Home > Apprenticeships - An Overview


Apprentieships is the flagship government scheme for improving skills in the UK labour force and to prepare people for skilled employment. Based on research of employer preferences, the aim is to provide training in the workplace, as opposed to at a College or other off-site location. More importantly, the training is intended to reflect the needs of the organisation in addition to providing a general education for learners.

Due to the increasing costs of labour in the UK, it is vital that this expensive resource becomes more productive, otherwise jobs will continue to migrate to lower wage rate economies.

The relatively low skills base of UK workers, and the lack of staff with appropriate skills, is considered to be an impediment to achieving respectable macro-economic growth targets. As the UK economy remains sluggish, and sales revenues remain lacklustre, it is urgent that firms become more productive in addition to seeking cost reductions. Improving workforce skills will increase staff motivation and enhance competitiveness in both the UK and international marketplace.


1. It is well known that staff training improves morale and fosters commitment to the organisation and corporate goals. Many organisations will encourage staff to develop a plan for Continuous Personal Development (CPD). This will cover the skills they need to discharge their current tasks and also take account of the developing needs of the organisation. With appropriate encouragement, staff can improve their skills and expertise within the workplace by learning from colleagues. It is not essential to enroll staff on expensive external courses and conferences in order to develop skills.

2. Improving staff skills will directly improve the service given to customers and clients of the organisation. Customer service is now seen as a a key part of corporate strategy both in terms of dealing with initial enquiries, to the fulfillment of orders and providing a professional after sales service. Many employers overlook the fact that staff need tools and skills in order to deal effectively with customers.

3. Organisations need to do more with fewer human resources. Even for firms in the manufacturing sector, labour costs are a significant element in the overall cost of production. In the South of the UK, the service sector predominates and labour is now the main cost and the most crucial resource. It is therefore vital to train staff in the latest technology and encourage them to embrace multi-skilling and flexible working practices.

4. An Apprentice will perform a real job for an employer and make a significant daily contribution to the operation of a business. The training element is provided by ourselves and normally takes place in the workplace. This means that the employer does not need to release the Apprenticeship for a day each week in order to attend College.

5. Ricide offer Apprenticeships in ICT, and the use of computers is now widespread in all UK offices. An Apprentice would be expected to perform general office tasks and not just those which have a direct computer element.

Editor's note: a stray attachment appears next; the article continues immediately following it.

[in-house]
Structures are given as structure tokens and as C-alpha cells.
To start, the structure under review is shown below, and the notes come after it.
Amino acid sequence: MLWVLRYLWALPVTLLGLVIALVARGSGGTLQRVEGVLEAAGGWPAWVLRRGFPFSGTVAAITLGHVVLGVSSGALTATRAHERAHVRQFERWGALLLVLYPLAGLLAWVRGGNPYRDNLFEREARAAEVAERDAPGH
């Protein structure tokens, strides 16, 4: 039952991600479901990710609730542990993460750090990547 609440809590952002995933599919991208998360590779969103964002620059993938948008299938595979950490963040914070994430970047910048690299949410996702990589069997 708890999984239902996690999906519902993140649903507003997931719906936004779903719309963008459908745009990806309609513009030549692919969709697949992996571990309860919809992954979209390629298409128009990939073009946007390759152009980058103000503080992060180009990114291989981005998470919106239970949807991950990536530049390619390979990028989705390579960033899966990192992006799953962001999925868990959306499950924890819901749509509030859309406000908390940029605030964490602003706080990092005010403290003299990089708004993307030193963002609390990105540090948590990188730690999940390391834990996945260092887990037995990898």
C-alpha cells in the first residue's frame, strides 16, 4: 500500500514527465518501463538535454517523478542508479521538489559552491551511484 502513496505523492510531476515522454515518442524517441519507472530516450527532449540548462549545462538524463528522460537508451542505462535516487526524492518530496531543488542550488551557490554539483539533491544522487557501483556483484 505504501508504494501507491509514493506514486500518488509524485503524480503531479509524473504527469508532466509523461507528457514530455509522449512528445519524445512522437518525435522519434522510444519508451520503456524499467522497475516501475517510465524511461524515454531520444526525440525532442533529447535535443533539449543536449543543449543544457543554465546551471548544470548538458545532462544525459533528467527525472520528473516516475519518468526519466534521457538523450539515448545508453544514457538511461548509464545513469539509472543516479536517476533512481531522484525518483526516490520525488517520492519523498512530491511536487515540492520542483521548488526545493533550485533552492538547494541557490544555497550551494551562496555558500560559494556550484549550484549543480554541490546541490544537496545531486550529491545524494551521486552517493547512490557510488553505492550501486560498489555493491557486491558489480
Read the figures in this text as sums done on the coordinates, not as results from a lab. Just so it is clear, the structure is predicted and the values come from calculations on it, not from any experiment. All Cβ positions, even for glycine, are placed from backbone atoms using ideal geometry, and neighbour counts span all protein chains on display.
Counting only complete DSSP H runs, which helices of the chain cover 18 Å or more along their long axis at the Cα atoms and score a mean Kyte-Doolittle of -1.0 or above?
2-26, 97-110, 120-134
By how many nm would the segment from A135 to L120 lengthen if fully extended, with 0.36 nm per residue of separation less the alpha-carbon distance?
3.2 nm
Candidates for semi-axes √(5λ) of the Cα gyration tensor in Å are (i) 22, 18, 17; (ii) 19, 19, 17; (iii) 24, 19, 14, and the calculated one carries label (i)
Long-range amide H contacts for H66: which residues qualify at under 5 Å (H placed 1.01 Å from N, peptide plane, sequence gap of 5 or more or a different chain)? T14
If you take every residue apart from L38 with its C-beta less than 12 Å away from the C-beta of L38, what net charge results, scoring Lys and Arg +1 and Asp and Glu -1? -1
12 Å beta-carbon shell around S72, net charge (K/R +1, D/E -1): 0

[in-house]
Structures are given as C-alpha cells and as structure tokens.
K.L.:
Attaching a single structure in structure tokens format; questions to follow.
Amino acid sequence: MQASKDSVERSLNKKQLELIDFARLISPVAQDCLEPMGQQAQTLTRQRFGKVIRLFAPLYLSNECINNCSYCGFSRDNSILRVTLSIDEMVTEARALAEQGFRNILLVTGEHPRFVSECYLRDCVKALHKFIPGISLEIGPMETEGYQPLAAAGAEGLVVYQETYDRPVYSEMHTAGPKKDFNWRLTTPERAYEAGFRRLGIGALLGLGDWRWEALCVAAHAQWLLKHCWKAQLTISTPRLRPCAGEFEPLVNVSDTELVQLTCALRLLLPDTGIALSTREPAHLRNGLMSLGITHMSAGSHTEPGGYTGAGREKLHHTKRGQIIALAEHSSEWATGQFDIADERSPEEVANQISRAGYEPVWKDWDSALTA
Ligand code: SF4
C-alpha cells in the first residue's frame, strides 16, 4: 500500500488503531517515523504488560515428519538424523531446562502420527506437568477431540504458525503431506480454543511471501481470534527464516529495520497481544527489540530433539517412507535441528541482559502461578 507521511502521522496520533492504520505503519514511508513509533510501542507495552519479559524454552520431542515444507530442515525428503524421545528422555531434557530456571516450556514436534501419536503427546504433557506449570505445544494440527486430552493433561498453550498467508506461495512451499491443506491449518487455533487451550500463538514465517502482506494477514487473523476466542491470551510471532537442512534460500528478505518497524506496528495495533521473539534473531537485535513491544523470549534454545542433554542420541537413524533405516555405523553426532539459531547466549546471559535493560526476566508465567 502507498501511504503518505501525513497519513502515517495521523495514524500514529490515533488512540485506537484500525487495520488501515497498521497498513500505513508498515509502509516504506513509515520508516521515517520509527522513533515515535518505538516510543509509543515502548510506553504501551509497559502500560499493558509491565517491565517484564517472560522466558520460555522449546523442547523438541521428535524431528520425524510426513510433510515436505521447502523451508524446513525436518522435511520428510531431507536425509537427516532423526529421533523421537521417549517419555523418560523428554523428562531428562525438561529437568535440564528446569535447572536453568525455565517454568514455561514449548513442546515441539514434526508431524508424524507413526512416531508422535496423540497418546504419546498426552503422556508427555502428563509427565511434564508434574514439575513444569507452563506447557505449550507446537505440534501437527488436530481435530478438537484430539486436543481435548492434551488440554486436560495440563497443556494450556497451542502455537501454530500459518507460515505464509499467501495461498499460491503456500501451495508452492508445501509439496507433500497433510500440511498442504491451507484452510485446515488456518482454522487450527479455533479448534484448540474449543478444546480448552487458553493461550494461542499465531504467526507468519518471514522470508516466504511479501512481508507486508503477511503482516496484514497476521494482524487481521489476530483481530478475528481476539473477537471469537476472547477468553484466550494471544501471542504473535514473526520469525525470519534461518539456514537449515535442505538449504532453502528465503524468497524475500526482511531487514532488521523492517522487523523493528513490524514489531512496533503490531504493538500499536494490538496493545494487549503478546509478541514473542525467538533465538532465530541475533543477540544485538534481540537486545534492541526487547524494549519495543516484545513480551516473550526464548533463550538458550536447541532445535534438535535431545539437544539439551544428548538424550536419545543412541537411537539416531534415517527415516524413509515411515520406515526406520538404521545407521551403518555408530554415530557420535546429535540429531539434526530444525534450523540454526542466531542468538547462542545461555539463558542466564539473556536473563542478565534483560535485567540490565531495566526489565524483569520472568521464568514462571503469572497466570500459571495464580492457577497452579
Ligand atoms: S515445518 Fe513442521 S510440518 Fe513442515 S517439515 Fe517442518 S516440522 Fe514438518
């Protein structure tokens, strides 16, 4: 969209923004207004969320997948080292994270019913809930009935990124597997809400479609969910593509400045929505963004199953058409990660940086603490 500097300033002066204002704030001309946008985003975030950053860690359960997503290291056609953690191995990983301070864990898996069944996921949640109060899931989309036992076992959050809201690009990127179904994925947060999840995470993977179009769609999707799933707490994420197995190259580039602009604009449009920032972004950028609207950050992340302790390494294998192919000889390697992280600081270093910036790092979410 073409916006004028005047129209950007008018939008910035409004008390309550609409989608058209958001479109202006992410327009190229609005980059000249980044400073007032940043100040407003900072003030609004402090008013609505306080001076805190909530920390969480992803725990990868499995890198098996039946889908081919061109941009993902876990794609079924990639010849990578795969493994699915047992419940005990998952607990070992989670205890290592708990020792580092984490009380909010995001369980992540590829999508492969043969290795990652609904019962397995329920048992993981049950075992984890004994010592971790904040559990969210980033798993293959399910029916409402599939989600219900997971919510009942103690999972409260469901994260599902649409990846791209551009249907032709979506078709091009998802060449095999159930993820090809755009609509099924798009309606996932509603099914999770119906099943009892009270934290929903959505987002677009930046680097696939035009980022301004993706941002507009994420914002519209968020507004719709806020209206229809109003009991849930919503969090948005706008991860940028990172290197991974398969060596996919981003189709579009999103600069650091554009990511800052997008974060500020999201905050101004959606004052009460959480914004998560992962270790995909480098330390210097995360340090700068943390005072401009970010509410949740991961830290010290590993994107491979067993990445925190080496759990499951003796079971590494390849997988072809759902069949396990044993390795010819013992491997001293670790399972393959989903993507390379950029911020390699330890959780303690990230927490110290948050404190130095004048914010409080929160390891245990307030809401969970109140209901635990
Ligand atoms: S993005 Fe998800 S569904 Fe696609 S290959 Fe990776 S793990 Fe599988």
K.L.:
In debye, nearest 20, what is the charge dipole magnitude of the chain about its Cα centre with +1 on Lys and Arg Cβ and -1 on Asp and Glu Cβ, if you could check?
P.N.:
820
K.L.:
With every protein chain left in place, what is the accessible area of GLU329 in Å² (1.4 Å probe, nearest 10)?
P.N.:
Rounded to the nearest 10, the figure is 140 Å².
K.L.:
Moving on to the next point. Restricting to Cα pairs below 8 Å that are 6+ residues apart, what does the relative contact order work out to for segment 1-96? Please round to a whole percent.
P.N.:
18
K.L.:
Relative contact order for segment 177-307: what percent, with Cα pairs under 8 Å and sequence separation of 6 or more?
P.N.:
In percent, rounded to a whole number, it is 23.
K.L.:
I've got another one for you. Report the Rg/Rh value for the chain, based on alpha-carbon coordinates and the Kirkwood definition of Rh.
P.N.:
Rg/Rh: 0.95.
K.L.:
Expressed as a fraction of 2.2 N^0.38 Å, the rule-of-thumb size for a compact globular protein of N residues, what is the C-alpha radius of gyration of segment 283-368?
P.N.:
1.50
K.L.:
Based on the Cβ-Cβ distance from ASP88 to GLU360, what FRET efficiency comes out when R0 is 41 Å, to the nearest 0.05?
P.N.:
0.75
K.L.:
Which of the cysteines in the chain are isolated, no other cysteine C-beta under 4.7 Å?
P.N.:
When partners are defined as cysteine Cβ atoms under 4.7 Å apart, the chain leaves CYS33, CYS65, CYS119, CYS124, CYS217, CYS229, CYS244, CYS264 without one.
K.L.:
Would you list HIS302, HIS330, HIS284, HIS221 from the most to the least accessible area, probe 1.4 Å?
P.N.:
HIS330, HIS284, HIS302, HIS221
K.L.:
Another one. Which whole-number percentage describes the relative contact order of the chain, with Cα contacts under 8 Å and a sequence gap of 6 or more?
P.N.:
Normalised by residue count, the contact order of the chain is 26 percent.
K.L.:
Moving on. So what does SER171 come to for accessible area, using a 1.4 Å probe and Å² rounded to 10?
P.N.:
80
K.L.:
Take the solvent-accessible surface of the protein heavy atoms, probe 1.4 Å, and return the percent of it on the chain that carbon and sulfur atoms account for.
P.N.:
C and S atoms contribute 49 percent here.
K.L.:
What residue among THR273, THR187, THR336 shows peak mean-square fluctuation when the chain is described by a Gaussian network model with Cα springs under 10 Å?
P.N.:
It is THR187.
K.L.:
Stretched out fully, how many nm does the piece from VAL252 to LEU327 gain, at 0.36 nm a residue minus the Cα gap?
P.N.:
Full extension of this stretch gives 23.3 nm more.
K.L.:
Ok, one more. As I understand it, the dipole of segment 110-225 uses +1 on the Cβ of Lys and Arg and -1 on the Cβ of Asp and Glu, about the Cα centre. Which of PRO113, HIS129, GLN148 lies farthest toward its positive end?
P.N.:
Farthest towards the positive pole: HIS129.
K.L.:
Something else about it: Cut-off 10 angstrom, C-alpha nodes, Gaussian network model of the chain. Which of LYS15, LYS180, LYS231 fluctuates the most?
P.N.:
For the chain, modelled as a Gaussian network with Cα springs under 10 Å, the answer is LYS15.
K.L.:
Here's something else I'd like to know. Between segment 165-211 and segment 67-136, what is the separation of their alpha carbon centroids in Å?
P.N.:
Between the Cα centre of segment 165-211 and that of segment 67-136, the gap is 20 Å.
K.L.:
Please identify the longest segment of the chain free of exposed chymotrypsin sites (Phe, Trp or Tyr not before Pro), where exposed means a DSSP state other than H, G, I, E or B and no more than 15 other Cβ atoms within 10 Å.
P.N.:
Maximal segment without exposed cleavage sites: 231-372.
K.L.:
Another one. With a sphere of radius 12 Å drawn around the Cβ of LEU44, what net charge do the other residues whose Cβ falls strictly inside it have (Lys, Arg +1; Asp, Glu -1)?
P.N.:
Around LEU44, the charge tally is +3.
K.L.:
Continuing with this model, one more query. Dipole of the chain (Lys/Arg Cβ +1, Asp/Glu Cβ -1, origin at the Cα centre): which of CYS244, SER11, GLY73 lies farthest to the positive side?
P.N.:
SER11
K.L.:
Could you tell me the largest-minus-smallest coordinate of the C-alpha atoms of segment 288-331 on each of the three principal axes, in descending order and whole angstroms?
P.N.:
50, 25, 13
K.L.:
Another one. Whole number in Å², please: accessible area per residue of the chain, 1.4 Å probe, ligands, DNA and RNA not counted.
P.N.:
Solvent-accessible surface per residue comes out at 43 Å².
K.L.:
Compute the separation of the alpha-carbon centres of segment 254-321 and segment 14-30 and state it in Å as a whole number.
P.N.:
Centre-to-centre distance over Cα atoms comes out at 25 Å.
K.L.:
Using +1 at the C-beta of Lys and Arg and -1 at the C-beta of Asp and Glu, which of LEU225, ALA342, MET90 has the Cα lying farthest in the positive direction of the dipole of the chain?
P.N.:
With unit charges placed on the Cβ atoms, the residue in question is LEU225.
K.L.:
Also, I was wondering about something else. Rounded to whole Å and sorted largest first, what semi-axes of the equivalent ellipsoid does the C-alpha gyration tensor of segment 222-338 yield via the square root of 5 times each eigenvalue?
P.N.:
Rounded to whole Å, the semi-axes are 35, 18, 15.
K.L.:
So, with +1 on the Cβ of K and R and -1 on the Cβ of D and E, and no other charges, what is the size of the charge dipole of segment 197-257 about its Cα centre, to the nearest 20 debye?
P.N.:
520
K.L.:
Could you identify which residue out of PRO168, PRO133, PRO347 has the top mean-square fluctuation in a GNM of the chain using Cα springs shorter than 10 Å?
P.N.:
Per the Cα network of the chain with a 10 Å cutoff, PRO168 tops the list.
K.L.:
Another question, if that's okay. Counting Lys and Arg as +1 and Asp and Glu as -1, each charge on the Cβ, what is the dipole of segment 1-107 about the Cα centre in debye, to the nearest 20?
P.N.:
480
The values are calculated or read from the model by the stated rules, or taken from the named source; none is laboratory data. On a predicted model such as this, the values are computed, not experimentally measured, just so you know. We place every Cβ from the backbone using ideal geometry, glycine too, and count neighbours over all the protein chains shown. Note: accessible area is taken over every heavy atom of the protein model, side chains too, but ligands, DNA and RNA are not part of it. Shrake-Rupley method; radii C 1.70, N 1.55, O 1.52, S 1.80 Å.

Apprentices should be paid a minimum wage of £2.65 per hour in the first year of their Apprenticeship. A Ricide Apprenticeship programme normally lasts for 13 months. It is usual for an Apprentice to work for at least 30 hours a week.

Apprentices can either be employees who are already working for an employer, or new recruits. In either case there is a government incentive of £1,500 for each Apprenticeship. There are several conditions -

a. No more than 10 payments of £1,500 will be made.
b. No payment will be made if an employer already has an Apprentice, who started in the last 12 months. After 12 months, a new Apprenticeship or up to 9 new Apprenticeships will attract the £1,500 each.
c. A commitment should be made to employ the Apprentice for a minimum of 12 months.


Of all the advances in technology during the last 30 years, Information Technology has led the way in transforming working practices. In the early days of IT, computers were used as number crunching devices and performed tasks such as Payroll. With the advent of the personal computer, Word Processing revolutionised office practices and made both typists and typing pools redundant. Office Productivity Software, such as Spreadsheets, Databases and Presentation Graphics have provided powerful tools for staff to organise and store their work, share information with colleagues, and expand their workload. More recently, the facilities of the Internet and the low cost of broadband connection are transforming the way that organisations interact with customers and suppliers.

IT skills are becoming as fundamental for an employee as Literacy and Numeracy, and staff without these skills will be a burden on an employer.


Apprenticeships - An Overview

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Apprenticeship Eligibility

Take the First Step

Ricide Learning Manuals

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